"We did everything ourselves", said the ebuillent Bhuvaneshwari Devi. "We took the cement up, carried the sand, everything! And we even told them where to place the tank"! She went on to narrate how the women's group of which she is a member, taught the men of the village that siting a tank in the stream will place it in danger of being washed away. It is better, they said, to place it beside the stream and further protect it with walls of rock. They had the support of the organisation and the government engineer, so the men complied, and the structure still provides water to the entire village.
Bhuvaneshwari Devi is part of a womens' group – a Mahila Mangal Dal – in the village of Chopriali, Uttarakhand. Earlier, this small village of 63 households was typical of many others in the region. The discharge of the spring they relied on for water supply was becoming erratic, out-migration of youths had led to a decline in agricultural income, and the poor state of sanitation led to health issues.
Matters would have continued in this manner if it were not for a revolution that swept through the village in 2010.
The start of the revolution
It started when HIMCON, an organisation working in the area met with the villagers and chalked out a plan of action to solve their water woes and the all-important issue of livelihood. The first step they took was to establish a Mahila Mangal Dal working on the by now widely understood fact, that trained women's groups make astute managers of public funds.
The organisation sat down with the Mahila Mangal Dal and figured out solutions to their water shortage. A stream, the Channi Gad, was chosen. This was traditionally used by the villagers for water, but a lack of storage meant that the stream could no longer satisfy the needs of the village. The one tank, which had a capacity of 72 cubic metres, lay silted over and defunct.
Getting their hands dirty
The women cleaned out this tank and excavated another one leading to a total storage of 2,00,000 litres. They planned and assisted in the construction of a canal to bring water to a convenient spot. Here another tank, three 'dharas' or water spouts, and space for washing were created. Overflow from the storage tank was directed to another tank used for irrigation. A sand filter was constructed at a spring in Channi Gad and the piped water brought down to the village. The sustainability of this supply was ensured by applying appropriate recharge and soil conservation measures in the recharge area of the spring.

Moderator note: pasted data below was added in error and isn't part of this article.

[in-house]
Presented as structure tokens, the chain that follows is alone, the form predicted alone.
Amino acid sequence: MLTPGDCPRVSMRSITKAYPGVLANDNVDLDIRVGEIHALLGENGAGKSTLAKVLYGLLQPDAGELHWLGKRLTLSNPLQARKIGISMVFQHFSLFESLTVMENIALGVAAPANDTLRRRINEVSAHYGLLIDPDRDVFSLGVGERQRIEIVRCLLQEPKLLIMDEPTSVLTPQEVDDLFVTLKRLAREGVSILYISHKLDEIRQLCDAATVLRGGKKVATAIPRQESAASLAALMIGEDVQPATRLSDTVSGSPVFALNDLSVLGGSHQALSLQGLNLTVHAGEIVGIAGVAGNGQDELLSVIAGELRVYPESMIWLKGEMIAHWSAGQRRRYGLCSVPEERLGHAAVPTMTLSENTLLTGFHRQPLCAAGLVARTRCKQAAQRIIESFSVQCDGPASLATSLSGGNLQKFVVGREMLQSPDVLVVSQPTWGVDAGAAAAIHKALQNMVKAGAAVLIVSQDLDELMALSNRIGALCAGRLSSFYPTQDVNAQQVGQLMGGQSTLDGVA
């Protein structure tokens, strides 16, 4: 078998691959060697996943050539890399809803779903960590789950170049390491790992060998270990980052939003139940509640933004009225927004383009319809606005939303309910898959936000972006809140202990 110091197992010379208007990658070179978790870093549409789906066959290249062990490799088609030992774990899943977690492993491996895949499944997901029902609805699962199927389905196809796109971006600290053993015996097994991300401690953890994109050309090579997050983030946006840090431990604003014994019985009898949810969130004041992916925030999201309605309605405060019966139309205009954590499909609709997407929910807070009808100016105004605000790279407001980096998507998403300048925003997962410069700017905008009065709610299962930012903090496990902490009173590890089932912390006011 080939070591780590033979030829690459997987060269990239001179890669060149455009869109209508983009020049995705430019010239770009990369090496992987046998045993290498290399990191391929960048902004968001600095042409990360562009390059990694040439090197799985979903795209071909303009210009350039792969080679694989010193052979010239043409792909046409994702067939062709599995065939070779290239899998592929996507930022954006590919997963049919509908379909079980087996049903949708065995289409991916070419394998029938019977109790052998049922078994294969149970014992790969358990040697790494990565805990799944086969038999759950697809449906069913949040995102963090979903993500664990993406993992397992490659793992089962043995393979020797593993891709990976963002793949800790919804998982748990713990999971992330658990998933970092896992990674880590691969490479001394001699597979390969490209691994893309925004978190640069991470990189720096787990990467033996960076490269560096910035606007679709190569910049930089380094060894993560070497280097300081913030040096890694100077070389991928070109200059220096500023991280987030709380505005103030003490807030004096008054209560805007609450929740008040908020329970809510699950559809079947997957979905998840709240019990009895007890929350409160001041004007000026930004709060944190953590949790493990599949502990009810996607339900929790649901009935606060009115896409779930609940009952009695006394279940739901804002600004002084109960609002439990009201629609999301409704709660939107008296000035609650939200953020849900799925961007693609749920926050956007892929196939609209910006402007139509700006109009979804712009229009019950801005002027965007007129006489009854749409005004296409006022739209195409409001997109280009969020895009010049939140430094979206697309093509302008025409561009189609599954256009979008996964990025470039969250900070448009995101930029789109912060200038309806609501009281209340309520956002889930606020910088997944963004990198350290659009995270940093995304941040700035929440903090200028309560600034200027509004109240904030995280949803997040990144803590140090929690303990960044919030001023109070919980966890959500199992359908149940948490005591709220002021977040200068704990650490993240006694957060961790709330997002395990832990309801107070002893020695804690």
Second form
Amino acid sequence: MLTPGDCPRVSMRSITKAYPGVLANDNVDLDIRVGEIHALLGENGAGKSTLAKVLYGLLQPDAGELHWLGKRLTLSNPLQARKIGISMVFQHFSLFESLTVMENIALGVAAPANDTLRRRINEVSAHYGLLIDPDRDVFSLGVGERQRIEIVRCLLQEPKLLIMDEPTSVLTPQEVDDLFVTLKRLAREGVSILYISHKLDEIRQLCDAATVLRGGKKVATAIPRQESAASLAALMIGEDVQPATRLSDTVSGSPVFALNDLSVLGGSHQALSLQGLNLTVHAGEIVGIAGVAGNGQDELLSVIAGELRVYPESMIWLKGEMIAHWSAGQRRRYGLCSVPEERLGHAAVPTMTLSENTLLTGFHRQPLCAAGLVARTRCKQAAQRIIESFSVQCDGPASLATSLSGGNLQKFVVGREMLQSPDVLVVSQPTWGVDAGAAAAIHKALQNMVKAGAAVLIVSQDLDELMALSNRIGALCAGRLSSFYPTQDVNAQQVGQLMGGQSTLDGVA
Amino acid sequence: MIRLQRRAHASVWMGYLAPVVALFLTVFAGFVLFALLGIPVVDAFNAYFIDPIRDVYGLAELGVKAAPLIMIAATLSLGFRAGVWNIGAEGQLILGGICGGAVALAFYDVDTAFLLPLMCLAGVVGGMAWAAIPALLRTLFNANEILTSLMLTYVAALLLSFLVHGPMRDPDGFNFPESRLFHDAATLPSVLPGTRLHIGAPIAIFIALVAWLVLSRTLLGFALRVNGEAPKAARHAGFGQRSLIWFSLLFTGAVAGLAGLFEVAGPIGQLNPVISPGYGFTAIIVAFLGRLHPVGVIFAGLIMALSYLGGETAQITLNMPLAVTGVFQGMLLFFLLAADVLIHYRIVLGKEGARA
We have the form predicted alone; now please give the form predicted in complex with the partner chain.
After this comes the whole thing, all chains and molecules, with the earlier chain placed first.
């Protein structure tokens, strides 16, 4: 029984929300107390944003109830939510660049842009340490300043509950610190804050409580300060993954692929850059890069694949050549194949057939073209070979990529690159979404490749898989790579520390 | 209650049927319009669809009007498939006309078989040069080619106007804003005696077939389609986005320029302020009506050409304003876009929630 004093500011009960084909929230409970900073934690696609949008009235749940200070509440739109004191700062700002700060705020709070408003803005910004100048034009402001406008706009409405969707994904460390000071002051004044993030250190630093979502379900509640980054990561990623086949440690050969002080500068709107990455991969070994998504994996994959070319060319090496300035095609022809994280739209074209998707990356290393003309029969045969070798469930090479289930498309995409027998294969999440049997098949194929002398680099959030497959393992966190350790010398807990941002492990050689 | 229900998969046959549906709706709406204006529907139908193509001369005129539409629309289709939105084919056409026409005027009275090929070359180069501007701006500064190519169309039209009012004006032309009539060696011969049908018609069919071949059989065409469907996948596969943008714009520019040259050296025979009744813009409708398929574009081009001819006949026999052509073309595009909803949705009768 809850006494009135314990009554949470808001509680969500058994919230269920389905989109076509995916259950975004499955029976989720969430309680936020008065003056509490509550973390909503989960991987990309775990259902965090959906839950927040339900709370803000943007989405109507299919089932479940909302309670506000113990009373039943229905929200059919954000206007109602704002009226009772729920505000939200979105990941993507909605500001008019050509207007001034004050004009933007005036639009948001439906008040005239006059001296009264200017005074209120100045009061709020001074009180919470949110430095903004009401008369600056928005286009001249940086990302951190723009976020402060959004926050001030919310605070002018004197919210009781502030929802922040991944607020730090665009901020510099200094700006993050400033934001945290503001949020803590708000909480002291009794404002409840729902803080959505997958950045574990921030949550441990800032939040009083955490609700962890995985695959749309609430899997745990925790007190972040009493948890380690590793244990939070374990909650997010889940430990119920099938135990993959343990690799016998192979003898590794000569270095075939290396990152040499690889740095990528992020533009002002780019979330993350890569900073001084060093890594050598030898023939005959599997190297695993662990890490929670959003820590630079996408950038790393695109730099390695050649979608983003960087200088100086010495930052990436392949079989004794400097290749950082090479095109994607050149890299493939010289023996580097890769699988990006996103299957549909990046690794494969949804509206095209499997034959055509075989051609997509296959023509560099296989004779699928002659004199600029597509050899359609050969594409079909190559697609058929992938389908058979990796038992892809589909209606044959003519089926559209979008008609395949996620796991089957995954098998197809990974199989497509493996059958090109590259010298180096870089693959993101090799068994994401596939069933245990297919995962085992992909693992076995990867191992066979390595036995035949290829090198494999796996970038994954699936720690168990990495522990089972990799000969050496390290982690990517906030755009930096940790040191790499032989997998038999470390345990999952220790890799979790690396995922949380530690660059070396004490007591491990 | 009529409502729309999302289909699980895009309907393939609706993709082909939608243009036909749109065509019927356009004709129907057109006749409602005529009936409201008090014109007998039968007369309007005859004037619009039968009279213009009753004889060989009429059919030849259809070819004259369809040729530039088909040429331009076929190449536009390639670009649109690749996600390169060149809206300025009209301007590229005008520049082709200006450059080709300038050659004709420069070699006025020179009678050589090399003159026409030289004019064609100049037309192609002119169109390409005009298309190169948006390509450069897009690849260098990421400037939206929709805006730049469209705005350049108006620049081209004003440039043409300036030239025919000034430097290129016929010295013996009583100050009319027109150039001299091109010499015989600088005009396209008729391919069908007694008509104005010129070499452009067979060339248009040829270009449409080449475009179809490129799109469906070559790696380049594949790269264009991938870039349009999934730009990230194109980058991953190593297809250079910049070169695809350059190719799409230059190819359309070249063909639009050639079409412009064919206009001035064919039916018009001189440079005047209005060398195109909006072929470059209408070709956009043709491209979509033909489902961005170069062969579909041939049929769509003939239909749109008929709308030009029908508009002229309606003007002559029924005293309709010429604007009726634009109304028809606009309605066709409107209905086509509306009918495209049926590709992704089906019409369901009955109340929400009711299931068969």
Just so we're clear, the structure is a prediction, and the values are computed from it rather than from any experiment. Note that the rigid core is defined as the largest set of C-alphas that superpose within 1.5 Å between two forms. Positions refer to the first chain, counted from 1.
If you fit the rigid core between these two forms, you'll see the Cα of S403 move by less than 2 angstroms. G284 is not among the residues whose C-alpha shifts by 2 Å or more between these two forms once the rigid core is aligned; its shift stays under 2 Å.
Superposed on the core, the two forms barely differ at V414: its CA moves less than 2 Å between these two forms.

Simultaneously, the villagers were given training in off-season vegetable cultivation, composting, and agricultural techniques. A revolving fund was established solely for the purpose of buying seed. Saplings and seed were distributed among interested farmers.
The villagers now boast of a standpost for every two households. Several families own rainwater harvesting tanks. The village has built up a reputation for itself as a producer of fine vegetables and some farmers have begun supplying the Delhi market.
Today, the Mahila Mangal Dal has taken over the responsibility of managing these diverse systems. They have regular monthly meetings where they plan for maintenance of the sand filter and piped system. They organise regular cleanups of the tanks, and are now planning to build loose boulder structures. The seed fund has increased from Rs. 40,000 to Rs 60,000. Rabi and summer cultivation has increased from a net 5 hectares to a net 17 hectares.
Over and above all the changes in the village is the change in the women. "Bring us any project you have", Bhuvaneshwari Devi commanded me. "We'll implement it".